Best drives around Mount Rainier
Three routes that prove that getting there is half the fun.
Northwest travel guides
Eatonville to Paradise
Options include a stop at Northwest Trek Wildlife Park in Eatonville to get up close and personal with moose, elk, mountain goats and more ($9.25-$19.75, nwtrek.org). Along Highway 706, stop in Elbe for a steam-train ride on Mount Rainier Scenic Railroad ($29, mrsr.com) or dine in vintage railroad cars or even stay overnight in a caboose (rrdiner.com). Rub elbows with international climbers at the Whittaker Mountaineering compound in Ashford, and stop for blackberry pie at the Copper Creek Inn (coppercreekinn.com).
As the road twists uphill to Paradise, admire the vintage rock guardrails, in which every stone is carefully photographed, numbered and replaced in the same spot during renovation. Paradise access open year-round.
Another twisty-turny uphill adventure, popular with masochistic cyclists (who get to breeze downhill as a reward). The big payoff here is Sunrise Point, a turnout with twirl-all-around vistas of Mount Rainier, Mount Adams and the other Cascades, and nearby Sunrise Lake. Road usually open early July to early October.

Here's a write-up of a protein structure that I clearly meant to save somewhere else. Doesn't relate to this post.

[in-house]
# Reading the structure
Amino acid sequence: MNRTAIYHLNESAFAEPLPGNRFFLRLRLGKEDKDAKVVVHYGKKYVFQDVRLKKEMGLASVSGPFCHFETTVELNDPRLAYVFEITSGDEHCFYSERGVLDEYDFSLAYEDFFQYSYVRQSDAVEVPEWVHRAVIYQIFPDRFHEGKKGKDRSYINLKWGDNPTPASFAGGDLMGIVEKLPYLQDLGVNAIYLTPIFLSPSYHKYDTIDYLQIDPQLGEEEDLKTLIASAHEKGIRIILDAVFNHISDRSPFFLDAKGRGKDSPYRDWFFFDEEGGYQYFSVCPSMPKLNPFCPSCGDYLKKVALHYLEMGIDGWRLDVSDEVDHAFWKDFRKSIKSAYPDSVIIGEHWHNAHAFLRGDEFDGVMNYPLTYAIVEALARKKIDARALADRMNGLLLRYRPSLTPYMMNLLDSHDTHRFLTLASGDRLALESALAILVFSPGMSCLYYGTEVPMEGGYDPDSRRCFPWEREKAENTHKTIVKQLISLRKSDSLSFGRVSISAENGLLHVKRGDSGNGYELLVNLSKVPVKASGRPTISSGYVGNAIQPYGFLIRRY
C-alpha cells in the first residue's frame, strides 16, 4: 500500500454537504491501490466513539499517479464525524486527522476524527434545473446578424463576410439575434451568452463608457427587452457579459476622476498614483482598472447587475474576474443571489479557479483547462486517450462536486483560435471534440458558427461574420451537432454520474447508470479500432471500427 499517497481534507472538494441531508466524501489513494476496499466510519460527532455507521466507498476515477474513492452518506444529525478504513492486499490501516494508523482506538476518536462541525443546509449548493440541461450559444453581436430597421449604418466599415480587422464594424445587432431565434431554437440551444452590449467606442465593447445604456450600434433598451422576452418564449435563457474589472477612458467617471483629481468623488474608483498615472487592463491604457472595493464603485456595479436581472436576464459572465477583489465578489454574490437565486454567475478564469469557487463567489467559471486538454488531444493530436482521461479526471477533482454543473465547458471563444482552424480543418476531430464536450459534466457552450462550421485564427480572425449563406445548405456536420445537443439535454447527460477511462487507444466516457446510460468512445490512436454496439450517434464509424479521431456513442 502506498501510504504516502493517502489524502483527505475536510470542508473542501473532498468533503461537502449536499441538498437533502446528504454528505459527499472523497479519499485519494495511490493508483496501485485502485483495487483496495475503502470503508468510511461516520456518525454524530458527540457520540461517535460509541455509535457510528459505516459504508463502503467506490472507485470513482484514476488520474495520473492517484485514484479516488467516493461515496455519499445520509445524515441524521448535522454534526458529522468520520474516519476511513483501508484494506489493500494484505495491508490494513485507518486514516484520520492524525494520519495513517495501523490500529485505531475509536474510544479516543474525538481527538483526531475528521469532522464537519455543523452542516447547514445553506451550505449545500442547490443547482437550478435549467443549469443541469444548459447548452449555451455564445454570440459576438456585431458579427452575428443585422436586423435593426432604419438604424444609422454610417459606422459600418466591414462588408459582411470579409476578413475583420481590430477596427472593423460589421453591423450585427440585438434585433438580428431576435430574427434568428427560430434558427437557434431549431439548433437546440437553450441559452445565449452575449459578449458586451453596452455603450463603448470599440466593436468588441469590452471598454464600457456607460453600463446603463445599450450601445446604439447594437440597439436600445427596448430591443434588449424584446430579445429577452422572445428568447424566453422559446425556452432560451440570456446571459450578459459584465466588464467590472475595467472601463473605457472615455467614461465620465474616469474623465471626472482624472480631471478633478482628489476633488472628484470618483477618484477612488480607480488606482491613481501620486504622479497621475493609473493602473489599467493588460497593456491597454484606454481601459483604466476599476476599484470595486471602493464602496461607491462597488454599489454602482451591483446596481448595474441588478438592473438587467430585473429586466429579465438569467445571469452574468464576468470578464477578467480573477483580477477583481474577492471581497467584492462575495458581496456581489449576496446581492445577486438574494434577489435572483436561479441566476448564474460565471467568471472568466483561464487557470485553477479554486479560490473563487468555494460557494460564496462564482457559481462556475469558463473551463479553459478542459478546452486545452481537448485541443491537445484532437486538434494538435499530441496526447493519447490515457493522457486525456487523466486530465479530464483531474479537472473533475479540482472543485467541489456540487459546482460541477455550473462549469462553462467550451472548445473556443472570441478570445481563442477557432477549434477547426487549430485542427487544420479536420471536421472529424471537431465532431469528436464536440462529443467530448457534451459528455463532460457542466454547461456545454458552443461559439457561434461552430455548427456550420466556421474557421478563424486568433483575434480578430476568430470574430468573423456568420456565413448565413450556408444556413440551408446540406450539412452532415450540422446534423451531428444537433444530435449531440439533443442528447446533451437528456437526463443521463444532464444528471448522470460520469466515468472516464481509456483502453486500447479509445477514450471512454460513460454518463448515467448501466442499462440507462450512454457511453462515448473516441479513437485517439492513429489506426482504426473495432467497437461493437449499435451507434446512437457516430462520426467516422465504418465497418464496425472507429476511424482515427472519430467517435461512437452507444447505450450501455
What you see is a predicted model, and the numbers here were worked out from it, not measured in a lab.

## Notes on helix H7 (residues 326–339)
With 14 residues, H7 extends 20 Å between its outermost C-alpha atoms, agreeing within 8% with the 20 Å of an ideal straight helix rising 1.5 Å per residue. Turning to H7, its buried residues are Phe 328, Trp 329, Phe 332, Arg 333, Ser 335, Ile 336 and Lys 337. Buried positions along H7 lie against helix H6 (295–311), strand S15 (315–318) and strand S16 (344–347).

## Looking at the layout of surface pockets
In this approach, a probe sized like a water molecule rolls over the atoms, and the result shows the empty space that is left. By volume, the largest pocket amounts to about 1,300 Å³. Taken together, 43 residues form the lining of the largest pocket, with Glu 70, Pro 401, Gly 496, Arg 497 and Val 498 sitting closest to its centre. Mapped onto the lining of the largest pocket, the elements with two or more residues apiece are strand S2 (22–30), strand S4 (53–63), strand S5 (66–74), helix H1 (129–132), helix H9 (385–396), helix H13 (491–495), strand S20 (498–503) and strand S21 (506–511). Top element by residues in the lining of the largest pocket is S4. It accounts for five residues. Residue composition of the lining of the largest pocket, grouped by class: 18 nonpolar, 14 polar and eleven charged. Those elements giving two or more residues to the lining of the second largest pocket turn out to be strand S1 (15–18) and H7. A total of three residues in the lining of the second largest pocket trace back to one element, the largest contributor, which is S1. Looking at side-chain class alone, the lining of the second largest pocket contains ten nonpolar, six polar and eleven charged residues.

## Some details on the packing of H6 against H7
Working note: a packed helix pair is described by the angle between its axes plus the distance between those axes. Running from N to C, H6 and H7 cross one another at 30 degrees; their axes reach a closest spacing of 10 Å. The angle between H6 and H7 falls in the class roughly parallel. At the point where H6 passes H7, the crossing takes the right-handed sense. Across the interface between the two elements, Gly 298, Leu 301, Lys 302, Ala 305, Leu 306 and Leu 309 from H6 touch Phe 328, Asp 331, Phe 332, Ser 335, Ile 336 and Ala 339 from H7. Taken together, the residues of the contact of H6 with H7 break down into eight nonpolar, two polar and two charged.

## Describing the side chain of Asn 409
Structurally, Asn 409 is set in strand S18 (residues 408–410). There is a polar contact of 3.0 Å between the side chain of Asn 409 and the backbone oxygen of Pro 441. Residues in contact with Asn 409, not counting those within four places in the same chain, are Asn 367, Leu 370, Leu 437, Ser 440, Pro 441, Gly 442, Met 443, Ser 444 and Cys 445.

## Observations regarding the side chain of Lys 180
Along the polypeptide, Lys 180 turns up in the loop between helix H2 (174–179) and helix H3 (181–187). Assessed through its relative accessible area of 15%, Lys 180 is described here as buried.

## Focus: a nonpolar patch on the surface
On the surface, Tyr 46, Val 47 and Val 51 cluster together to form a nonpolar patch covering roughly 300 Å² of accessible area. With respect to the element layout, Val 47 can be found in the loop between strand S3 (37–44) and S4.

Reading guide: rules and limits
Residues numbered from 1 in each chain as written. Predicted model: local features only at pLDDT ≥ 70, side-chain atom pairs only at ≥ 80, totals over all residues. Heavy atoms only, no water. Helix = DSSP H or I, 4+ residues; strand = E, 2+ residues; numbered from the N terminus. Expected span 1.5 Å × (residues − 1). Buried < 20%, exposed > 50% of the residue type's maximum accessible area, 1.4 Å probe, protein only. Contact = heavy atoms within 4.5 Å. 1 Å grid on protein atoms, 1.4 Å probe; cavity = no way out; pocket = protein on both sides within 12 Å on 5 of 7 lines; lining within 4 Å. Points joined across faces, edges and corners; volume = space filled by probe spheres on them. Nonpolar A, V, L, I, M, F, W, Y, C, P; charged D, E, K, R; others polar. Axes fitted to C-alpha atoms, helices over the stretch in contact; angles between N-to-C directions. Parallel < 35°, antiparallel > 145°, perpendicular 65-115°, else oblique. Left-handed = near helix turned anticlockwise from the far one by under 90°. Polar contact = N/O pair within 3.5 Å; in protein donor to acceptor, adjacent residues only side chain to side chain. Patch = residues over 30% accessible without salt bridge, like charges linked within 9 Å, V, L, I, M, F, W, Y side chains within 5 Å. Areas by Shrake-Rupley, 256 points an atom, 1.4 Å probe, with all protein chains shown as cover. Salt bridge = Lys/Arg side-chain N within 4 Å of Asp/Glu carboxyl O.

The park’s eastern boundary at 5,432 feet offers another wildflower-lined, goatpath-like road as Highway 410 switchbacks up the final stretch from Cayuse Pass. Plan a picnic stop at lovely little Tipsoo Lake, where glacier lilies and Clark’s nutcrackers (aka “camp robbers”) abound.
From the top of the pass, walk down the road for a classic photo of Rainier reflected in the lake. Take a day hike on the popular 3.4-mile Naches Peak Loop Trail (clockwise for best views) or keep driving east for a weekend in Yakima Valley sunshine. Pass usually open late May to late November.